The Enforcement Directorate has imposed Rs 60 lakh penalty on a Jodhpur-based company in the 2001 Iraqi oil-for-food scam which led to the resignation of former external affairs minister K Natwar Singh. The Jaipur zone of ED imposed the penalty of Rs 40 lakh on M/s Alcobex Metals Ltd, and Rs 20 lakh on G C Kanunga, managing director of the firm, under the Foreign Exchange Management Act (FEMA), an ED official said.
The Jaipur zone of ED imposed the penalty of Rs 40 lakh on M/s Alcobex Metals Ltd, and Rs 20 lakh on G C Kanunga, managing director of the firm, under the Foreign Exchange Management Act (FEMA), an ED official said. According to the investigative agency, the company paid kickbacks to Iraqi officials in the form of payments of road transport and also failed to realise the full value of the exports.
The ED sleuths had initiated inquiries based on the Volcker report pertaining to an allegation of receipt of payment of kickbacks in respect of humanitarian goods under the oil-for-food programme run by the United Nations in Iraq. The official said the company had signed two agreements amounting to USD 28,81,125 for the export of heat exchanger copper alloy tubes. “The company had made payment of USD 1,09,389 towards road transport in Iraq for exported goods, but did not provide any proof of the payment,” he said, adding the company had not realised export payment of around USD 2,06,500.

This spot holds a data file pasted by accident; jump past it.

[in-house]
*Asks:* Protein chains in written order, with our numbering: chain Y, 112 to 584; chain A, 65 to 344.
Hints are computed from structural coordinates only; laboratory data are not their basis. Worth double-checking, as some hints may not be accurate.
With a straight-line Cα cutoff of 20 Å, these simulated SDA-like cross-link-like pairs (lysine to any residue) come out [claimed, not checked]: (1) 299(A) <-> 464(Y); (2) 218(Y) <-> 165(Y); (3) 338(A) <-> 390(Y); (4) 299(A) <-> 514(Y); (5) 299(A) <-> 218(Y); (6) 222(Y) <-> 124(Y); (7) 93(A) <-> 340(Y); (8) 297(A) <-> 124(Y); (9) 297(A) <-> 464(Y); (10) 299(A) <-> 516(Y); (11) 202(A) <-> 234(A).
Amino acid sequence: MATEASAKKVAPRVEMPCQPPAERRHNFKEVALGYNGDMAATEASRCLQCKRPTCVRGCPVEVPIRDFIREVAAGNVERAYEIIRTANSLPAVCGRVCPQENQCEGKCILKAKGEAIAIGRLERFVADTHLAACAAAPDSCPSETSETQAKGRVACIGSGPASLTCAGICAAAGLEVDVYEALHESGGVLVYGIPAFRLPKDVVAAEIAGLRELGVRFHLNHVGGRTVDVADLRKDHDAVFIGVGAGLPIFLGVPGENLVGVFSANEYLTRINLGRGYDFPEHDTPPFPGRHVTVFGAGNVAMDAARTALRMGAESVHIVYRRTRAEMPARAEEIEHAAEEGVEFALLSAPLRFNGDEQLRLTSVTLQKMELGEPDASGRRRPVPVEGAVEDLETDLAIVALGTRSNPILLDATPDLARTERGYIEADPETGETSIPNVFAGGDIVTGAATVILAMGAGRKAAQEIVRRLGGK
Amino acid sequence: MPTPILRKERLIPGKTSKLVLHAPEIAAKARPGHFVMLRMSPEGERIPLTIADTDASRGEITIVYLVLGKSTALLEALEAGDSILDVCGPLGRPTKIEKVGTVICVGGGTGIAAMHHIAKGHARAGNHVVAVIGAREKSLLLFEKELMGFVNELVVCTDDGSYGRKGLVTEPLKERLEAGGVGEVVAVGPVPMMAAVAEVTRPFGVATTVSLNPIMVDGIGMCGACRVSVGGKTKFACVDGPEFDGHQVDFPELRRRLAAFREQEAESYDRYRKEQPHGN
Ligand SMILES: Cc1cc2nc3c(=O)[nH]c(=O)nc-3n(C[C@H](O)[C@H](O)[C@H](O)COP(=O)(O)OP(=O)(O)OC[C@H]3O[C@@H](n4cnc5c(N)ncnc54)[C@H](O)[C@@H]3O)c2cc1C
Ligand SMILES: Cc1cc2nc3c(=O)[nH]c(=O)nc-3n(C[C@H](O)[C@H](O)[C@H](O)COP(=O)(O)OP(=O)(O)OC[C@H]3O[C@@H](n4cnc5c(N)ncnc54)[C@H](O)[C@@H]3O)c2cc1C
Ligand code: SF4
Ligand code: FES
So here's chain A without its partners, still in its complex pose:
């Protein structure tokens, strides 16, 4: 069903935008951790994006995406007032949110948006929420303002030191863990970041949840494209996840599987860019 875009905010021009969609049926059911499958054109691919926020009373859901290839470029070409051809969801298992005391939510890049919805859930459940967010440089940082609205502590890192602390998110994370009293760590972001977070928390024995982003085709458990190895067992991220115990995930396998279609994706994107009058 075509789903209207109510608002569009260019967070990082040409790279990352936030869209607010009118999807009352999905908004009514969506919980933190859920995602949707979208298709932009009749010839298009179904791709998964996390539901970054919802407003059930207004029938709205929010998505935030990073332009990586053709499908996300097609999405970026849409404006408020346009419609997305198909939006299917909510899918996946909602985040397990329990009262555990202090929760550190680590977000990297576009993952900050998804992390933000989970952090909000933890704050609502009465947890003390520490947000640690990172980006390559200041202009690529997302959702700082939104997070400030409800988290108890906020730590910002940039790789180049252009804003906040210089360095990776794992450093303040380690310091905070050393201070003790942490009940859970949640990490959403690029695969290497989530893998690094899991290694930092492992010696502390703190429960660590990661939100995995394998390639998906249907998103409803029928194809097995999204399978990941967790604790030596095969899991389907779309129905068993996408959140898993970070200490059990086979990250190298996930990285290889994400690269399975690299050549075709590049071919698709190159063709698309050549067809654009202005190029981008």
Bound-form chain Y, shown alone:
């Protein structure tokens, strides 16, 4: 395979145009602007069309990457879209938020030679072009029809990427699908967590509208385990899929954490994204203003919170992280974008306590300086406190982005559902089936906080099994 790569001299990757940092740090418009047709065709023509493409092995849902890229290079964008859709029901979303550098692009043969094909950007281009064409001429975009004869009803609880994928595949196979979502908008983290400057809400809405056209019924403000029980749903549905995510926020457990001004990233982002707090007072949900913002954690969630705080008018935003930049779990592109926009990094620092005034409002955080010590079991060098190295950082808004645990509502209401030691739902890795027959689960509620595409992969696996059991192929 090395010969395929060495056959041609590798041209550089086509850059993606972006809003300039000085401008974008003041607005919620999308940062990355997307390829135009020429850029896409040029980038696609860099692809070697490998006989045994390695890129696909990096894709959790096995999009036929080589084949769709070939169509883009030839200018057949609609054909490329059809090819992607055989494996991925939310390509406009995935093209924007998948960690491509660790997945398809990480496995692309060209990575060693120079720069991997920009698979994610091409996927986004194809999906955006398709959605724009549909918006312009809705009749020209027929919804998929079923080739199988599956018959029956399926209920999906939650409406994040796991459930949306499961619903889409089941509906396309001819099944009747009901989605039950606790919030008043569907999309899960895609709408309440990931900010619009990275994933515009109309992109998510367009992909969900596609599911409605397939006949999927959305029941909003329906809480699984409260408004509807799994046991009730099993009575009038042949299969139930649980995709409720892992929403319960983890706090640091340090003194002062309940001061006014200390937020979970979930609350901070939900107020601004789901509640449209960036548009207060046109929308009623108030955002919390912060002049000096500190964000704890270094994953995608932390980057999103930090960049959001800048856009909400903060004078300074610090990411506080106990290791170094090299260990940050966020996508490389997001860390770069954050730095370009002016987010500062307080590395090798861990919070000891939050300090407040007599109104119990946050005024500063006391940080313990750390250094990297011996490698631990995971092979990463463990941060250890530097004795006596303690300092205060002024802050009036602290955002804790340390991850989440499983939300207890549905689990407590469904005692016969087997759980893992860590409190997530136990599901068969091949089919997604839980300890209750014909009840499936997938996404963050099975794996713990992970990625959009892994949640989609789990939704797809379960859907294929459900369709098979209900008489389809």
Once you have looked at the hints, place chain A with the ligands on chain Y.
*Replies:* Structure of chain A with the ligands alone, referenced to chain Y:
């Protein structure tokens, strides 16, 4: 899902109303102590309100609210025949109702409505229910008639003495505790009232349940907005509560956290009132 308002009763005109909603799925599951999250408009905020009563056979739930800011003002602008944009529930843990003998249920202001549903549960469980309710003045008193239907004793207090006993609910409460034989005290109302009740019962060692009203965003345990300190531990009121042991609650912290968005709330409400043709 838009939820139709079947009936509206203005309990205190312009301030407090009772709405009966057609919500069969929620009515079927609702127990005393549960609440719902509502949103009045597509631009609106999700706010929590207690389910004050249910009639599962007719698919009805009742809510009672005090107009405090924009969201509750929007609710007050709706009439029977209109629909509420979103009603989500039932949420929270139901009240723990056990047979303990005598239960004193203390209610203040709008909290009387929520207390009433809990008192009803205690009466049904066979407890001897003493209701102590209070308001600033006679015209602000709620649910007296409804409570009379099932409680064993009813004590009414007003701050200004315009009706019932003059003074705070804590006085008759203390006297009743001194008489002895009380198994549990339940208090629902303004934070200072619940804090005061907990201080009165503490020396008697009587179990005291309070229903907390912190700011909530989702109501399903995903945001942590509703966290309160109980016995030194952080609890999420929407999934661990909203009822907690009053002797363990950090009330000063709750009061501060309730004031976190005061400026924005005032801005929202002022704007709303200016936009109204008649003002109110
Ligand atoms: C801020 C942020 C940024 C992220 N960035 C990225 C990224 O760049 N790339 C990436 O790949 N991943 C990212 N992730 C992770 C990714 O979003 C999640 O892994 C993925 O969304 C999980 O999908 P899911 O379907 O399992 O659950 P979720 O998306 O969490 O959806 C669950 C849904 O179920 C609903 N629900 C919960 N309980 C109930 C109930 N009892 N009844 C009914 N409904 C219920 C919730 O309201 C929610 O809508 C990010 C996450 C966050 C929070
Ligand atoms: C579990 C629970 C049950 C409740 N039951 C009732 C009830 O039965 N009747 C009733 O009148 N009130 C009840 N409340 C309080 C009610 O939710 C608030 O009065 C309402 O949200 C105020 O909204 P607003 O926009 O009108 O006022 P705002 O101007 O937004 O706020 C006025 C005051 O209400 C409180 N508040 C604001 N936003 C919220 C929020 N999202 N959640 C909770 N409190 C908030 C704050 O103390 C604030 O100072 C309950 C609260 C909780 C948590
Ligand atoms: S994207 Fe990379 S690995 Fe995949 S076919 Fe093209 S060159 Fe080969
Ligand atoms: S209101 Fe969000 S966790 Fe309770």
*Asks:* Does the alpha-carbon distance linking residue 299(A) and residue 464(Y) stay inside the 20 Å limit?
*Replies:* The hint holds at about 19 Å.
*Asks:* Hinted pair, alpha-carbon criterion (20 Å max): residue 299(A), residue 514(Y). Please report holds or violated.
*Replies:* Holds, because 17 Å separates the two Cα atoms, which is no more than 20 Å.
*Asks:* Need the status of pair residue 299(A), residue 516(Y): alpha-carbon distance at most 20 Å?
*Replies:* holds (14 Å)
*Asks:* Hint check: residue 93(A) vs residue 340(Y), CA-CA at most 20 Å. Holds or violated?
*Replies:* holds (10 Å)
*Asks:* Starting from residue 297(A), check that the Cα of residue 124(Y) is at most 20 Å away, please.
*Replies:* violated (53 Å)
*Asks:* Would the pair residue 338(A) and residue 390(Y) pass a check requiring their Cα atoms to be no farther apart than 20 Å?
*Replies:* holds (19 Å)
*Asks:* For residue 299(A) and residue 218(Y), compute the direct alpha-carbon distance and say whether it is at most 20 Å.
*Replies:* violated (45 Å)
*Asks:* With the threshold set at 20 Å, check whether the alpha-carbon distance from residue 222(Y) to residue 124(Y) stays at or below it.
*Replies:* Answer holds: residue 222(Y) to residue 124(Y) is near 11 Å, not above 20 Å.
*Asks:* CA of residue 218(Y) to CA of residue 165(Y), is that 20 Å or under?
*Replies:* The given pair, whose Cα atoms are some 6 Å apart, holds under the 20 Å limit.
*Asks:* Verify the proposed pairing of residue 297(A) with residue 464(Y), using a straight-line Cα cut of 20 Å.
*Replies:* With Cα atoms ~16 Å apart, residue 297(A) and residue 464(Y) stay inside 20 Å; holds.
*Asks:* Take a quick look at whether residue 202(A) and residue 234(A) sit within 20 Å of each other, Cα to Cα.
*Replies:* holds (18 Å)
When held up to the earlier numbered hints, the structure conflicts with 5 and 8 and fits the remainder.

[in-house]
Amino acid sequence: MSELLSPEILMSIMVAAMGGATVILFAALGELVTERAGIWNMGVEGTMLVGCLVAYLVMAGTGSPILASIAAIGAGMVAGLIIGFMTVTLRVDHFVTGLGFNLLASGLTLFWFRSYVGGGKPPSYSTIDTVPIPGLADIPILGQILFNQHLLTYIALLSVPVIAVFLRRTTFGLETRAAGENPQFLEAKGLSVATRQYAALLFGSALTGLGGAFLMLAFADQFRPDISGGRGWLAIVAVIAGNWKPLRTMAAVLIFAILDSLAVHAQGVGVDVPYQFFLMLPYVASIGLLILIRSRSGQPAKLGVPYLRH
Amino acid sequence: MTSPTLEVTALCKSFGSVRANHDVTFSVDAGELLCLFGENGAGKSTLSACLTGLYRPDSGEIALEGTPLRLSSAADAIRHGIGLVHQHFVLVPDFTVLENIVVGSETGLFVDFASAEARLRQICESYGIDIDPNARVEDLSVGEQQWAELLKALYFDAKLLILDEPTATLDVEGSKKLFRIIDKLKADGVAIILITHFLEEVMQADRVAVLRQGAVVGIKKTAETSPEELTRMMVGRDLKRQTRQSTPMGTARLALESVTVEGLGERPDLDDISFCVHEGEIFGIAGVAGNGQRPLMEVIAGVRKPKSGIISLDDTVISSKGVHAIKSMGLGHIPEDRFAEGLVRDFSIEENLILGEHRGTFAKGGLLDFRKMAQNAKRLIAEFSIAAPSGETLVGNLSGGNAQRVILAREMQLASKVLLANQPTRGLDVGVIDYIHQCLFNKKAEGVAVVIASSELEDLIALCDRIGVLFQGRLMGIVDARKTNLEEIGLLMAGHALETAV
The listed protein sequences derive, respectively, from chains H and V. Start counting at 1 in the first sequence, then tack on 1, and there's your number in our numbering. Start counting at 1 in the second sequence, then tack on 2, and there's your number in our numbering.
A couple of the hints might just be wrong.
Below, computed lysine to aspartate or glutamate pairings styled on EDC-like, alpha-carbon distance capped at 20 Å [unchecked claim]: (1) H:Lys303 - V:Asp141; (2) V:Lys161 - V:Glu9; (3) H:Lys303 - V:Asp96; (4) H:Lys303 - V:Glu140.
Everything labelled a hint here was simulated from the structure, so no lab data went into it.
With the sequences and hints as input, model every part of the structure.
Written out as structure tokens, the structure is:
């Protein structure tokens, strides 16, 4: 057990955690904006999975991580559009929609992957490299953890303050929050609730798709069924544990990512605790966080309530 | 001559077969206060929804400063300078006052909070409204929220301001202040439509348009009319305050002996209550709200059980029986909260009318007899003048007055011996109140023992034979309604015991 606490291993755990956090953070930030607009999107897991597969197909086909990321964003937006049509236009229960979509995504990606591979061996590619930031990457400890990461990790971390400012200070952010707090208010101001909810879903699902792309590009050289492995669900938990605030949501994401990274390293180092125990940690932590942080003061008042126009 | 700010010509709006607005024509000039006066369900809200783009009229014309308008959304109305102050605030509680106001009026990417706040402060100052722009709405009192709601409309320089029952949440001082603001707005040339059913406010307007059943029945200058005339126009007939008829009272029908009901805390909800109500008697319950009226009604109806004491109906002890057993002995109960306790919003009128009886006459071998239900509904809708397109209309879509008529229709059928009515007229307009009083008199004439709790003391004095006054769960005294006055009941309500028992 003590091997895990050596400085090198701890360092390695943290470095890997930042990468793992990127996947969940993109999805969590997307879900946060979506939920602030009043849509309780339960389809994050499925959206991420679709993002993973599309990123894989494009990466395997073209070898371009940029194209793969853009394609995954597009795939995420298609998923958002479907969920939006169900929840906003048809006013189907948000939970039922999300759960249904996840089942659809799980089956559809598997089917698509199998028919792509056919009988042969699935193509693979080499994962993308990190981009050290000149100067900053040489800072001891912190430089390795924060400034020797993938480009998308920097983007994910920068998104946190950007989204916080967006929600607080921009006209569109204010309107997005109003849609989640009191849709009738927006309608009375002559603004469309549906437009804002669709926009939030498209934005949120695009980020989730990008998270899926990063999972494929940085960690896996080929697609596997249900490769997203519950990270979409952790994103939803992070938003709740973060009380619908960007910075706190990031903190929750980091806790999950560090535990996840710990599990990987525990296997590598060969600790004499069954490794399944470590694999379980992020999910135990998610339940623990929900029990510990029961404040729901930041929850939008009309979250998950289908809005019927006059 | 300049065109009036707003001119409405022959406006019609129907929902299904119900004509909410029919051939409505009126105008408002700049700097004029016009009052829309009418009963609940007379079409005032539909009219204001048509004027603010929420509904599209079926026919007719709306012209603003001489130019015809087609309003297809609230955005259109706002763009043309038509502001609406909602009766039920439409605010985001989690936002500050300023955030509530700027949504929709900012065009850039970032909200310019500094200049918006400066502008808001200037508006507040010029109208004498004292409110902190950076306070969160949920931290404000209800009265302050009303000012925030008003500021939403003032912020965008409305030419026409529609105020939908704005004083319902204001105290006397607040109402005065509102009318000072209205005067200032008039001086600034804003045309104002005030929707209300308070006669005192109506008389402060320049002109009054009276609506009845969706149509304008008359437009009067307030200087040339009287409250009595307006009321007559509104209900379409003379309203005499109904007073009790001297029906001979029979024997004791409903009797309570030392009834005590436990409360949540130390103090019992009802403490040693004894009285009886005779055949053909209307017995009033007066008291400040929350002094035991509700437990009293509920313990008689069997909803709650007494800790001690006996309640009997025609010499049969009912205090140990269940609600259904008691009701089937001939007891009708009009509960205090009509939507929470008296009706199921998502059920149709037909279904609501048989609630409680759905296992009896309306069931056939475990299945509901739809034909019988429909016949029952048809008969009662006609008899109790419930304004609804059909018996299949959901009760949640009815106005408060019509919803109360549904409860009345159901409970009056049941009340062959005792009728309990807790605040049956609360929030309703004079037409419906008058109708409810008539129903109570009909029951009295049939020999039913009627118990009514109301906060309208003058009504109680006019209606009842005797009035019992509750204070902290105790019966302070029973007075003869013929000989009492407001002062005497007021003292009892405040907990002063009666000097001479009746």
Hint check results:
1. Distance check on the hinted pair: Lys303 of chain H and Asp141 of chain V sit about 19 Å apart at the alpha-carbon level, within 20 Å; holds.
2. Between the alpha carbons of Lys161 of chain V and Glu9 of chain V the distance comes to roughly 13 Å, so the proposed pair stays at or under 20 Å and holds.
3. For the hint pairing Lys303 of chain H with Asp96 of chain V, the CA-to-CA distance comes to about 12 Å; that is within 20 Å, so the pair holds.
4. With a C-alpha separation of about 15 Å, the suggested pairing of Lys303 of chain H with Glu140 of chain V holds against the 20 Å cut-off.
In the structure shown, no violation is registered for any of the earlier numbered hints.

According to FEMA, receipt of short payment of exports and any payment made through non-banking channels amount to a violation of the provisions of the Act. The official said although the company had claimed that they did not make any payment through unauthorised banking channels, it failed to provide documentary evidence in support of its claims.
The UN-appointed Volcker Committee had named Natwar Singh and the Congress party as “non-contractual beneficiaries” of the programme, triggering a political controversy that forced him to resign as external affairs minister on November 8, 2005.